Appropriately, we also bring to a close today a month traditionally dedicated to remembering and praying for those who have died.  Along these lines, I would encourage you to take a look at the text of a homily delivered earlier this week at the funeral of a young woman who was a well-known figure among many Washington, DC, Catholics.  A snip:

The first Christians had a beautiful symbol they engraved on their tombs, a symbol unknown to the pagans: the anchor. With it, they signified that their ship, on its final voyage over the ocean of death, was not without security in its crossing the waves. There was a sturdy device aboard that would firmly secure them on arrival in the final harbour.

This anchor is placed in Heaven, and, as the letter to the Hebrews tell us, is a symbol for Jesus, who has entered heaven before us, opening us a firm path in the ultimate journey of death. And thus, this anchor is not totally like the anchors we let fall into the deep, because this anchor is thrown upwards, similar to what mountaineers employ to climb mountains.

Prayer for the dead, and consideration of our own deaths from the standpoint our Christian faith, is an act of hope.

Advent is the season of hope because we remember and celebrate the coming of Christ into human life more than 2000 years ago, we remind ourselves and give thanks for this presence among us in our very midst, and we look forward to and pray for the coming of Christ at the end of time.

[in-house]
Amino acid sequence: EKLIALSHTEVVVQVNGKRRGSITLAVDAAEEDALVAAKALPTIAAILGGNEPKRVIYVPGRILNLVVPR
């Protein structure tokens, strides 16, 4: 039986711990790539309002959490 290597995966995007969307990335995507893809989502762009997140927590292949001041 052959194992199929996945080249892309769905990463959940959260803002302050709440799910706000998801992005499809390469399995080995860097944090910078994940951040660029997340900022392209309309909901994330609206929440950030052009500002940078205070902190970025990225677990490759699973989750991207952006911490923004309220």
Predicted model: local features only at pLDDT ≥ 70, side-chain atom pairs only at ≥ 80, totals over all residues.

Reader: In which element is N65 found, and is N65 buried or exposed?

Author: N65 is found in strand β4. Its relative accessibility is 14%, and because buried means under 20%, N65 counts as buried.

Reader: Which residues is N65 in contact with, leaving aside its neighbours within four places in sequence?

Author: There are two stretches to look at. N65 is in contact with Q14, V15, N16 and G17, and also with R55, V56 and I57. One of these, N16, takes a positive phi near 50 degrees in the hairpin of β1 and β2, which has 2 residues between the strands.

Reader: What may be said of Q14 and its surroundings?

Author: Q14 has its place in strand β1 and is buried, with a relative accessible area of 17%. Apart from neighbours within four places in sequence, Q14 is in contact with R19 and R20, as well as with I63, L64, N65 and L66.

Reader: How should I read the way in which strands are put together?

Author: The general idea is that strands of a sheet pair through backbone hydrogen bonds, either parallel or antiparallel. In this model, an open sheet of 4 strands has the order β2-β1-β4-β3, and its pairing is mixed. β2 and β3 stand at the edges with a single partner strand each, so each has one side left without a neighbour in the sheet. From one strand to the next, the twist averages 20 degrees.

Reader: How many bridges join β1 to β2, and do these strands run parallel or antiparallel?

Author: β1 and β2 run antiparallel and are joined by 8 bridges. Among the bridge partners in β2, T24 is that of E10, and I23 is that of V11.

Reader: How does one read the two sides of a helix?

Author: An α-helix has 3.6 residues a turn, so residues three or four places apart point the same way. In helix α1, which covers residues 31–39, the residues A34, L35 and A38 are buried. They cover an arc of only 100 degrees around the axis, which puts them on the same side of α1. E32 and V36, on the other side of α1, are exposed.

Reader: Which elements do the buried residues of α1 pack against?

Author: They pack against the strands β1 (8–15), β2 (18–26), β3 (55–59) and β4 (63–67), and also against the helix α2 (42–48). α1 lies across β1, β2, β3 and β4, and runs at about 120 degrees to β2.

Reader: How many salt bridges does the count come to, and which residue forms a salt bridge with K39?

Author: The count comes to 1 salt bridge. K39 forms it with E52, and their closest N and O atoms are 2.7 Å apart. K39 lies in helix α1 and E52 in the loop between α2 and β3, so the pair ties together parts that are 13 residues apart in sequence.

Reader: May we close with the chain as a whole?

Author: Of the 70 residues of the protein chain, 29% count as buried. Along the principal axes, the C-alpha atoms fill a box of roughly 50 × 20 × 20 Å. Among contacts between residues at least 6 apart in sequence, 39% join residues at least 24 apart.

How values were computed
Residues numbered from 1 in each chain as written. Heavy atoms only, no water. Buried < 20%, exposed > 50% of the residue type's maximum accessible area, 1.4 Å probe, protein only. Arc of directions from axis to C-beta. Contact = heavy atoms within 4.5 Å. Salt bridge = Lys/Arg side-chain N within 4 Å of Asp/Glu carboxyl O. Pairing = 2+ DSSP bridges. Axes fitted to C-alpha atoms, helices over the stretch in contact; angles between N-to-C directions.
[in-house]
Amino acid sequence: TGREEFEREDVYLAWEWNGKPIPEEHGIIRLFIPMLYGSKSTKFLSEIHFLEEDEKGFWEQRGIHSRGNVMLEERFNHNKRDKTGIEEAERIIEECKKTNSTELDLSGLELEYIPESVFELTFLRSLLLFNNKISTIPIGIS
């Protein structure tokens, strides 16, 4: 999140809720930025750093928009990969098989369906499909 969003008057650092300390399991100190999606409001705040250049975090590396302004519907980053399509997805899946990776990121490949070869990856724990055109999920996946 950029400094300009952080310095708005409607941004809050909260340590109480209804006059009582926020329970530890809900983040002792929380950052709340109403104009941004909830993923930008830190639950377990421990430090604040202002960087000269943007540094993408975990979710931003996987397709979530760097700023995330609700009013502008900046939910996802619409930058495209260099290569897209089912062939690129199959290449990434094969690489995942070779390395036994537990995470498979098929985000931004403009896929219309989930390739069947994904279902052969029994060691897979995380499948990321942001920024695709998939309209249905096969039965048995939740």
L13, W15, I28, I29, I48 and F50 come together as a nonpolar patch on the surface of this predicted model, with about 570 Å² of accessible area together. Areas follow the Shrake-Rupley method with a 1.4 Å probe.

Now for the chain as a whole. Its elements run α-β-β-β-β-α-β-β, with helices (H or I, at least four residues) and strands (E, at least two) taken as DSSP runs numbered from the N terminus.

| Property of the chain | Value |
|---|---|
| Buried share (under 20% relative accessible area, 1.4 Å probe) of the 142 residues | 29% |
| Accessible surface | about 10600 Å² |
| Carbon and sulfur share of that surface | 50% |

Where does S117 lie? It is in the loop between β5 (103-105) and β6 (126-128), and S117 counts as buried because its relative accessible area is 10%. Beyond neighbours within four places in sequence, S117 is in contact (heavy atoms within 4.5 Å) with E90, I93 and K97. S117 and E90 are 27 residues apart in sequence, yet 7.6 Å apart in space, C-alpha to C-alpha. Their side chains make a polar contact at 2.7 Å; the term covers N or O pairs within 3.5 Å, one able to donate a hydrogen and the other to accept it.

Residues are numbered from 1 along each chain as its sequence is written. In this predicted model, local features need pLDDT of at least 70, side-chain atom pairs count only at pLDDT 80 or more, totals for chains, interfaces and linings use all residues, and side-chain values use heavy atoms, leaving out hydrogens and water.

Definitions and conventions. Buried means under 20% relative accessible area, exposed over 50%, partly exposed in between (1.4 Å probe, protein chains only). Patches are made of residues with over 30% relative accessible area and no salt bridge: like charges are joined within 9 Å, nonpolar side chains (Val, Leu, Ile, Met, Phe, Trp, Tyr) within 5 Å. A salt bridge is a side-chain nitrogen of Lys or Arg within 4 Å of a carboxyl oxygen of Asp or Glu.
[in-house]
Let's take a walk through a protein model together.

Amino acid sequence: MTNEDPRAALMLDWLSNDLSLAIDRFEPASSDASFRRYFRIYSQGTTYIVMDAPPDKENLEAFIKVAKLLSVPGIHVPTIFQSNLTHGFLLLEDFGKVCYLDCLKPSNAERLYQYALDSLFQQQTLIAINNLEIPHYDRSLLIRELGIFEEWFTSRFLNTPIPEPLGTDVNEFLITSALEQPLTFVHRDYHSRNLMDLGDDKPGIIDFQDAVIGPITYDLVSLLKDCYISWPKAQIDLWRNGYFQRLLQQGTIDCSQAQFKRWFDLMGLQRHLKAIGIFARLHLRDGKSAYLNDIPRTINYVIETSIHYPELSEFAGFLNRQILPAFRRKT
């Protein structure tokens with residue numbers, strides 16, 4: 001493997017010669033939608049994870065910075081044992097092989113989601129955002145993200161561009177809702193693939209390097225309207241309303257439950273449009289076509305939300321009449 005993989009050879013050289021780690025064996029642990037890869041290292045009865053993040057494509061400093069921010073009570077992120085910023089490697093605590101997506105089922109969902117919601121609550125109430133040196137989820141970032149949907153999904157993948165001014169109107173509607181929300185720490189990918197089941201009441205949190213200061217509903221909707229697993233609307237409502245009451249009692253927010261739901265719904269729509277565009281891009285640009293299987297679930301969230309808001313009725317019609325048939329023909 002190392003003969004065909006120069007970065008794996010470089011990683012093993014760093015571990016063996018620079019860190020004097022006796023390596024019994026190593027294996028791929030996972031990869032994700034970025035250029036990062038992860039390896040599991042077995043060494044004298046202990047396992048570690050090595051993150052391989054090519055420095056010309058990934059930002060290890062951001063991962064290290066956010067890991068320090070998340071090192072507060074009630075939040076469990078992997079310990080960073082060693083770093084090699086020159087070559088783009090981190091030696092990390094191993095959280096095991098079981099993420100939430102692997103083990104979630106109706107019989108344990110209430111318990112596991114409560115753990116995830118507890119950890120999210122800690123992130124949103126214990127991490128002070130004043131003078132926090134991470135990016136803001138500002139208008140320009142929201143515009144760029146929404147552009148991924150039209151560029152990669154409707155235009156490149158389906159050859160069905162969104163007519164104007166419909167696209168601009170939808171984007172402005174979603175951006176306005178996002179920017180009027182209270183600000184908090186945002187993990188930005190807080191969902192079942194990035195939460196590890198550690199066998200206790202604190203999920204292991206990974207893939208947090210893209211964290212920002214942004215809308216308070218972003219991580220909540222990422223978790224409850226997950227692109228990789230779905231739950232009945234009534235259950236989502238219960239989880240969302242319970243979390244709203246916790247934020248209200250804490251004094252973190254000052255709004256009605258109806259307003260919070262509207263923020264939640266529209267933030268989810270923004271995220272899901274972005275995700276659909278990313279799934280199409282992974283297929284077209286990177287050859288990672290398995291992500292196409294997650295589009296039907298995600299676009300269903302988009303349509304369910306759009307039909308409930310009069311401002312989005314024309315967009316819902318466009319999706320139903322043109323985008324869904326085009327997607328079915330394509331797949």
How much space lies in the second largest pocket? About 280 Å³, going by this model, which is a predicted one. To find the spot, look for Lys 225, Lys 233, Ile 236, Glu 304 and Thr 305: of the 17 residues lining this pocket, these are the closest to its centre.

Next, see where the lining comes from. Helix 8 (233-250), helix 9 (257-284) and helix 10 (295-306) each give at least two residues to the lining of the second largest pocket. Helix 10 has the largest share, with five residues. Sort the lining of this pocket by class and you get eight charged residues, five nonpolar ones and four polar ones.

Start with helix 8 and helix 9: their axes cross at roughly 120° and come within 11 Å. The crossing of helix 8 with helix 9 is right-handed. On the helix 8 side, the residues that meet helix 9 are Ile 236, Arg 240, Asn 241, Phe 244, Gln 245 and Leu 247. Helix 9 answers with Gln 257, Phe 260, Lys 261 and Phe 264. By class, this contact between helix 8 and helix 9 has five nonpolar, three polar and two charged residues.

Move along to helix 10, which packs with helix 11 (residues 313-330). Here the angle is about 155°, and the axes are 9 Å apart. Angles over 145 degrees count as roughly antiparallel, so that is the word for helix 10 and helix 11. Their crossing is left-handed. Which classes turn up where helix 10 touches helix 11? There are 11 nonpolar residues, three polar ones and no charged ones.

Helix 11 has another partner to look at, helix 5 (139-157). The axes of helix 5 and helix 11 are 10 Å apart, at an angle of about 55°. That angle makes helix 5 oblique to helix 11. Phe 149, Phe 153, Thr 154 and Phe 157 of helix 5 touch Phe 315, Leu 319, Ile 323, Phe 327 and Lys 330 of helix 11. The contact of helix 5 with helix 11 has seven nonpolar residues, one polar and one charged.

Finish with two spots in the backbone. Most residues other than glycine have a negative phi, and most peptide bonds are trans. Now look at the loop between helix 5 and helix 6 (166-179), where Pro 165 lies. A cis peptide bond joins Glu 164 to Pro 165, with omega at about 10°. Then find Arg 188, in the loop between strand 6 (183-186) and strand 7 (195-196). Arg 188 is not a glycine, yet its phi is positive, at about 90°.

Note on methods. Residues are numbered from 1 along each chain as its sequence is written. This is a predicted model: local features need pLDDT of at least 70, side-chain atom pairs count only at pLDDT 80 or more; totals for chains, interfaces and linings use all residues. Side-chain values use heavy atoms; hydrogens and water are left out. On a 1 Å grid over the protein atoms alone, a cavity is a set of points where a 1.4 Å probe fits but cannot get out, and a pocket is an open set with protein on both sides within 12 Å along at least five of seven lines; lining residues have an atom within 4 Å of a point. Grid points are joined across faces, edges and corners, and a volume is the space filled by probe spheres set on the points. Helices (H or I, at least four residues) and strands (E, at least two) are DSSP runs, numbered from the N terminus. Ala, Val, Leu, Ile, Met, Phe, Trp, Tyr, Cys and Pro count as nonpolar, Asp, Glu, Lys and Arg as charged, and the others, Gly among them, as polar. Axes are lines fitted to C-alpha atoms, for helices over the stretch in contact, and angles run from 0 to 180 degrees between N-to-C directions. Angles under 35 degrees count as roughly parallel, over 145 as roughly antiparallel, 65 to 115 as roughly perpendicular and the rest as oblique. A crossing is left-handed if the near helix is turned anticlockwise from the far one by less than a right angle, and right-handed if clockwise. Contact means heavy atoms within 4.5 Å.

Louis-Marie Chauvet, one of the most significant sacramental theologians of our day, points out (in this book) that the sacramental hosts that we consume at Mass and adore outside of Mass offer a wonderful image of Christian hope.  By faith, we see Christ present in our palm, “body, blood, soul, and divinity — the whole Christ” (as Trent put it, and  the Catechism of the Catholic Church repeats).  And yet to “the naked eye,” in particular to the doubting eye, it seems to be just bread, nothing more. 

Hope is similar, Chauvet suggests.  Without it, life is merely what it seems to be at face value — it has its nice moments, joyful moments, sorrowful moments, miserable moments.  But in the end, none of these moments have any special significance beyond what they appear to be on the surface.  But by our faith and our hope (which Benedict insists at length in Spe Salvi to be intimately interrelated), we see Christ present in the midst of it all, accompanying us, guiding us, strengthening us.

May I suggest a re-reading of Spe Salvi this Advent season (with Your Guide to help you along, if it seems like it might), and an ongoing prayer that the Spirit open you and us ever more widely and generously to the gift of hope that God offers.  It is, after all, a theological virtue, which is, unlike most virtues, received rather than achieved.

And let’s pray together, those who peruse these words this week, this season: Come, Lord Jesus.  Come, Lord Jesus.